Trading Churches for Barns

Northwest couples say ‘I Do’ to farm weddings
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Photos by Jon and Rach Photography

There’s a beautifully weathered barn that sits at the end of a wide path bordered by hugging sugar maple trees. Inside, guests are relaxed, feeling welcomed as they enjoy the view of sunshine on a field of crops and smell the warm, earthy breeze coming in from outside. Family and friends are celebrating — a couple they love is married today. The food is hearty, fresh, nourishing. Kids dance and giggle to quirky music, and grandparents relive their own special days. The bride is smiling, comfortable in her cowboy boots. She made the sign herself. It says, “Welcome to our perfect wedding.”

DSC03370The appeal of the rustic farm wedding is rooted in our Northwest love of the outdoors, fresh local food and the romance of our farming history. Pinterest boards and popular wedding blogs celebrate those details that make a wedding intensely personal. To source unique centerpieces, to incorporate vintage keepsakes with family memories and to craft an imperfect memento of your special day are all paths that lead couples to look at hosting their wedding on a farm.

Whether the couple has a farming past of their own, or they just want a memorable day in a comfortable, green setting, Northwest farms are feeling the love. Corn fields now stand as backdrops for wedding vows and revived barns host festive, one-of-a-kind celebrations for wedding parties from all over. The common theme? Your wedding day is as unique as you are, and many Northwest farms are ready to welcome you.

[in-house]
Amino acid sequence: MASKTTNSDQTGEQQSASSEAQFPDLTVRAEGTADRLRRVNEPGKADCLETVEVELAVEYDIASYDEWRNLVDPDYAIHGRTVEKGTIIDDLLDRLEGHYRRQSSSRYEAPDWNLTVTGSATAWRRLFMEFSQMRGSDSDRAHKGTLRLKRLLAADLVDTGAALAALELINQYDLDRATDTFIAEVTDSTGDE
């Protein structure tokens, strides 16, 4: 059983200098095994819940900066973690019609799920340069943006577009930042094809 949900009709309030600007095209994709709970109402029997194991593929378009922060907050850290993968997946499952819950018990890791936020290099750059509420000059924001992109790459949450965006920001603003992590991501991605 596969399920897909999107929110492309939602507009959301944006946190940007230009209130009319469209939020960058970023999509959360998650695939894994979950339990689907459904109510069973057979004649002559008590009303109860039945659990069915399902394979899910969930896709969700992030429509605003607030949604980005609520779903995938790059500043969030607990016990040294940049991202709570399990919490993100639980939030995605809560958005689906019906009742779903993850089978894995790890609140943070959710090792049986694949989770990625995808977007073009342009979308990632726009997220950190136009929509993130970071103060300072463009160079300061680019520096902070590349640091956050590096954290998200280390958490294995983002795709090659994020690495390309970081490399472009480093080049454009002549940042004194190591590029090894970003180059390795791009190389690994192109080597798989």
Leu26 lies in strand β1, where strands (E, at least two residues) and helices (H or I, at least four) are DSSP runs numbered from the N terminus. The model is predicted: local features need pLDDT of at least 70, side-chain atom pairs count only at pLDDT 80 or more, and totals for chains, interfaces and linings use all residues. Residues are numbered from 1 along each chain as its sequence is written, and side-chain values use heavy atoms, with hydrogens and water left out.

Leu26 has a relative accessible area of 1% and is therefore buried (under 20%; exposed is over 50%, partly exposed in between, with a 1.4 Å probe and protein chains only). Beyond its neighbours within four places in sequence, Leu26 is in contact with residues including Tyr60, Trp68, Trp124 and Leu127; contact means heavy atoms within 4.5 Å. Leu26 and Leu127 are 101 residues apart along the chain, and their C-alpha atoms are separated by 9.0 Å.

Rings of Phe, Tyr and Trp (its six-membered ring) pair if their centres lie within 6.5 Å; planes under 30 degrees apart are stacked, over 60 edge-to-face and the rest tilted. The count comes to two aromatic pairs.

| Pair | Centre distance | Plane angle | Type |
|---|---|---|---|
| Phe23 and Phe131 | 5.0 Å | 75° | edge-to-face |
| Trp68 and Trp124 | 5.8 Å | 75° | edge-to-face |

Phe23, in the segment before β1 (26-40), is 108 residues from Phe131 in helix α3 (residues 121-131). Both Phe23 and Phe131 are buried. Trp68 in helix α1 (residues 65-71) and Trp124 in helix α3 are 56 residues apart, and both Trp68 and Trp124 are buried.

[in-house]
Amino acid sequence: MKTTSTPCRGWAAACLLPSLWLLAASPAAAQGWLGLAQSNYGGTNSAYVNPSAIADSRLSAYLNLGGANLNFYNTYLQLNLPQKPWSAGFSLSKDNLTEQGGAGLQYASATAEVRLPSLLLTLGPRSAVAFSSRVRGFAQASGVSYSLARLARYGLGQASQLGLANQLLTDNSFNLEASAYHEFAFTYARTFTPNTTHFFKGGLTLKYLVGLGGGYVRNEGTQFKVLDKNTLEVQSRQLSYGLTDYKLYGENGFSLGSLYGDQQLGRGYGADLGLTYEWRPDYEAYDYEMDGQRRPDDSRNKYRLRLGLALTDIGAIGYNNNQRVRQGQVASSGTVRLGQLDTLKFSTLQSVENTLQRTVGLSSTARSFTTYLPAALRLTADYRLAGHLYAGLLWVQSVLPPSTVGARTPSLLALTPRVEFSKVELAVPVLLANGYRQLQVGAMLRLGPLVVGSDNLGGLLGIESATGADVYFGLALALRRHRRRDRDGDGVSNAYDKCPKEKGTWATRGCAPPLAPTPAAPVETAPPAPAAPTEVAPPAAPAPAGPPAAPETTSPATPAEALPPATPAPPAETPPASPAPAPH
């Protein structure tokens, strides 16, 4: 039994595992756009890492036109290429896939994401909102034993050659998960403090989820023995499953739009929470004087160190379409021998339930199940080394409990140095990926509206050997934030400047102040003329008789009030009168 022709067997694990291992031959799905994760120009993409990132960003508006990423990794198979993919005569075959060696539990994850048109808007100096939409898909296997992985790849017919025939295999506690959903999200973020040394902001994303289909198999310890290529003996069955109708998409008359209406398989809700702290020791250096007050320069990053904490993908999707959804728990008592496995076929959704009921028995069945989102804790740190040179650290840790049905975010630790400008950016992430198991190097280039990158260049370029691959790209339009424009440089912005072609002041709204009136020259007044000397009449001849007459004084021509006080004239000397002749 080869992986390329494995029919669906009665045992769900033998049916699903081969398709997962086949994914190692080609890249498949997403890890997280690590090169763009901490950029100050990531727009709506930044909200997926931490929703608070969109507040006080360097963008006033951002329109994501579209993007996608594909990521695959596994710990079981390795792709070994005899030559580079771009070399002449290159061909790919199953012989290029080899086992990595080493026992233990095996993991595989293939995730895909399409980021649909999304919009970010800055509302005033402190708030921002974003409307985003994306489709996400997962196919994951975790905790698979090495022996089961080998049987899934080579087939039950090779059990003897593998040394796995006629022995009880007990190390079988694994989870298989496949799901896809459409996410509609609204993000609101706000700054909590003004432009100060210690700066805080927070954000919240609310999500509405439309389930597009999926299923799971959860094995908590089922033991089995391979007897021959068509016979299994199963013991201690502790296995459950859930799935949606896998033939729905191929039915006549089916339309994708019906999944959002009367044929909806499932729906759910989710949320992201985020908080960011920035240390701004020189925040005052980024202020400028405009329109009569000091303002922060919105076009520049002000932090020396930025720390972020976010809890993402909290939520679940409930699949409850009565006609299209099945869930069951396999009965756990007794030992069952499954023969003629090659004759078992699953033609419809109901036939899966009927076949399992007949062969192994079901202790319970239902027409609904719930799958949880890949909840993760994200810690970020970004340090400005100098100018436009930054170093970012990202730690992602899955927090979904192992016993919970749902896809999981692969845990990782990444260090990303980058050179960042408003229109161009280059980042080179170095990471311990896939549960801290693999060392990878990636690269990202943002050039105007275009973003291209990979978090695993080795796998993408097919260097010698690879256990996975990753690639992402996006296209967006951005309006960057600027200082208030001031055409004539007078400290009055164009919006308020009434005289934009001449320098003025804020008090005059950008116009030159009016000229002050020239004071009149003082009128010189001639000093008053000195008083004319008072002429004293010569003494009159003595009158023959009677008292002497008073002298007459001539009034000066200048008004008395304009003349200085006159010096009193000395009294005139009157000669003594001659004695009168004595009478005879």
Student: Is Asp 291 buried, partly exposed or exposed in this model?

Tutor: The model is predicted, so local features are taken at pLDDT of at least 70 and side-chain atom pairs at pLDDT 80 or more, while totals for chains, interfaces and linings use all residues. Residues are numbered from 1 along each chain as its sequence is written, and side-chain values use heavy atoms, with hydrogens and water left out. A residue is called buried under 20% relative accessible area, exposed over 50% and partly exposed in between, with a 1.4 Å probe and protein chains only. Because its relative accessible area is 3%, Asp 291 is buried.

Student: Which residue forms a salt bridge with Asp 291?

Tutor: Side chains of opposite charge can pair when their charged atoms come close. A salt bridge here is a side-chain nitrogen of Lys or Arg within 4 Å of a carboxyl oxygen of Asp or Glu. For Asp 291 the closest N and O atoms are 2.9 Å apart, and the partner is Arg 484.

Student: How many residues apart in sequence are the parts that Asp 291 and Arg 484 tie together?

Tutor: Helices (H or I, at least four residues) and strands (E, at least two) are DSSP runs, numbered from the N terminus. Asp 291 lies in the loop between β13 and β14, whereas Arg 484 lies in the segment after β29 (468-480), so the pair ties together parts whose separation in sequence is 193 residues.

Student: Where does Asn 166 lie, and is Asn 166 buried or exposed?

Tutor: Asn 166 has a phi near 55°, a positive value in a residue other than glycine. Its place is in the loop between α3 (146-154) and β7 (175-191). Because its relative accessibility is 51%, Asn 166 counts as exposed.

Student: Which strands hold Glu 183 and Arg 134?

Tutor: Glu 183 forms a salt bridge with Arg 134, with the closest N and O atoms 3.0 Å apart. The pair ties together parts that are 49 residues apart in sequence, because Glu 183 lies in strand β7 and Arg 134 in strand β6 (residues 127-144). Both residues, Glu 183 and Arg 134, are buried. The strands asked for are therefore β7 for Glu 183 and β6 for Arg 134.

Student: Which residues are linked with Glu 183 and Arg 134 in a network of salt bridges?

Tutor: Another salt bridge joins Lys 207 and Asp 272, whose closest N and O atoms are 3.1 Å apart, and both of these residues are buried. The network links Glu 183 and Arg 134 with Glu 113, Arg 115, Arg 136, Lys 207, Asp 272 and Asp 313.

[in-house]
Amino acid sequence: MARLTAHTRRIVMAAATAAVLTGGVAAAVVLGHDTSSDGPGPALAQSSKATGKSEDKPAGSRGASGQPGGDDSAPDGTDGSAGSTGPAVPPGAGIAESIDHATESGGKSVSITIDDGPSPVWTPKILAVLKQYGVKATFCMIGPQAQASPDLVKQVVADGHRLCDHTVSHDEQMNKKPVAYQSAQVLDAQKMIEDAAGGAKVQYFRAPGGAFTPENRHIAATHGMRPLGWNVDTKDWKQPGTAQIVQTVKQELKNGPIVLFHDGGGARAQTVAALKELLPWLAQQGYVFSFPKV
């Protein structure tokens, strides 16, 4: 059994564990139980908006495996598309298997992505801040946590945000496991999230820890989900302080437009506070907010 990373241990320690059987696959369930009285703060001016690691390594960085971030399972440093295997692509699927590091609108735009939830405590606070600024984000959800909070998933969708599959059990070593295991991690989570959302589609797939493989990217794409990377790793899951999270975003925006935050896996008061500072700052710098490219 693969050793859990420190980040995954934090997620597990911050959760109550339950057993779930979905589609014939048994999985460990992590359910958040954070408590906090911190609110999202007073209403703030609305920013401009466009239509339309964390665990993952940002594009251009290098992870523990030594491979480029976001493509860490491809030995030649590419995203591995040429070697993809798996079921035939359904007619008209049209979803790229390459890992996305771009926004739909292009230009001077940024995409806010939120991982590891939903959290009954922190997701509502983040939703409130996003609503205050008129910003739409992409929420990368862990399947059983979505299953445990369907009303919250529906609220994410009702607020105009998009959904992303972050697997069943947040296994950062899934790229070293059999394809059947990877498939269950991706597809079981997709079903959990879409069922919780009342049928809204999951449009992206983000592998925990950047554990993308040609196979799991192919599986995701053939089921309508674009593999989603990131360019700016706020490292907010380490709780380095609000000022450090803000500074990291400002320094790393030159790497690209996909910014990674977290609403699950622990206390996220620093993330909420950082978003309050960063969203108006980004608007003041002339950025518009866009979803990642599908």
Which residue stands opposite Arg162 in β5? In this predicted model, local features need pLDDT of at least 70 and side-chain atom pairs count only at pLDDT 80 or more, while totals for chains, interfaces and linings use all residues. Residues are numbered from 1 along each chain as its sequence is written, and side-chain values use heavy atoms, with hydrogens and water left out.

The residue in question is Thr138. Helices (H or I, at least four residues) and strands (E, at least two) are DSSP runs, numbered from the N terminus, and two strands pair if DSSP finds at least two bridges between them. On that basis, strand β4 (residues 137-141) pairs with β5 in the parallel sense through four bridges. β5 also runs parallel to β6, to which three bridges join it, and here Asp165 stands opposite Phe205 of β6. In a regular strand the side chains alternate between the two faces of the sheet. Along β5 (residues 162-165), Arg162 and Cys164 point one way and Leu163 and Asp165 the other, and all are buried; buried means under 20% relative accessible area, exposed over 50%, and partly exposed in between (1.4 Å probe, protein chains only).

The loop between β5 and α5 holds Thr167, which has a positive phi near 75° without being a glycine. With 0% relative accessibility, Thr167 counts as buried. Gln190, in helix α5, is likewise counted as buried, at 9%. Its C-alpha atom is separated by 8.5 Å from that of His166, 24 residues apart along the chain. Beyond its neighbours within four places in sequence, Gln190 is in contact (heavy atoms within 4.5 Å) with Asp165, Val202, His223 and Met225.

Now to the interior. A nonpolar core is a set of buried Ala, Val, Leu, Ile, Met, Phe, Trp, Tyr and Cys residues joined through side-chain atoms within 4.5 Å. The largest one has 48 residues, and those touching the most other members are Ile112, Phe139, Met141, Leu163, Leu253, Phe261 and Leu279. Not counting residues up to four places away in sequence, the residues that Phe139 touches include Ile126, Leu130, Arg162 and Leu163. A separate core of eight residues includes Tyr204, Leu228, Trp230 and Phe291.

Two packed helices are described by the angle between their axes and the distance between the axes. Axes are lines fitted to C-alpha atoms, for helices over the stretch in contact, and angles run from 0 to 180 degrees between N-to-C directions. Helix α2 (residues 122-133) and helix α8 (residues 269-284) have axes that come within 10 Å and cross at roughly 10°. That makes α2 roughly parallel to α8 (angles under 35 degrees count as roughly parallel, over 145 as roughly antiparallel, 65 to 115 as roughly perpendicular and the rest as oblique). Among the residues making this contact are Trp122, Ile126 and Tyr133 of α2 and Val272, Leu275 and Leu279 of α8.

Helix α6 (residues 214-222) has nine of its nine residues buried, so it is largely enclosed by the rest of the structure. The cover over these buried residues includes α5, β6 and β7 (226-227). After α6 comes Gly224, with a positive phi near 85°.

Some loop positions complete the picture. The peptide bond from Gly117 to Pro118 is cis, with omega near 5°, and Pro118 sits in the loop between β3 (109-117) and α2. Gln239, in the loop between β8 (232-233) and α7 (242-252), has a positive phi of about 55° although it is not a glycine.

DSC08515A Green Wedding Day

“The farmland here is some of the best in the world,” Jessie Anderson, who owns Maplehurst Farm in the Skagit Valley with husband Jeffrey Anderson, tells me as we walk in the garden on a sunny late-summer morning. The couple met as children at nearby Conway School. They married at the farm in 2008 and are now the fourth generation of its family owners.

The six-acre venue is surrounded by hundreds of acres of working farmland. The farm’s barn that once served as equipment storage was revived and repurposed into a breezy, bright reception space. The elegant 1903 farmhouse was barged down the Skagit River from downtown Mount Vernon, and it now serves as the Anderson family’s home, with its romantic front porch the setting for joyful wedding photos that take on a nostalgic feel.

Jessie sees the draw of fresh local food and a green escape from the city as the reason for Maplehurst Farm’s growing popularity. “Farm-to-table food is what I see most,” she said. The farm’s barn houses a vast collection of vintage china and milk glass, which wedding couples pair with their own creative touches.

Maplehurst Farm often hosts rustic elegant weddings themed around repurposed pieces, handmade signage and mismatched heirlooms. “It’s fun to embrace the imperfection. You don’t have to have everything matching,” Jessie said. “Embrace the quirks in life. That’s also a good goal for a relationship.”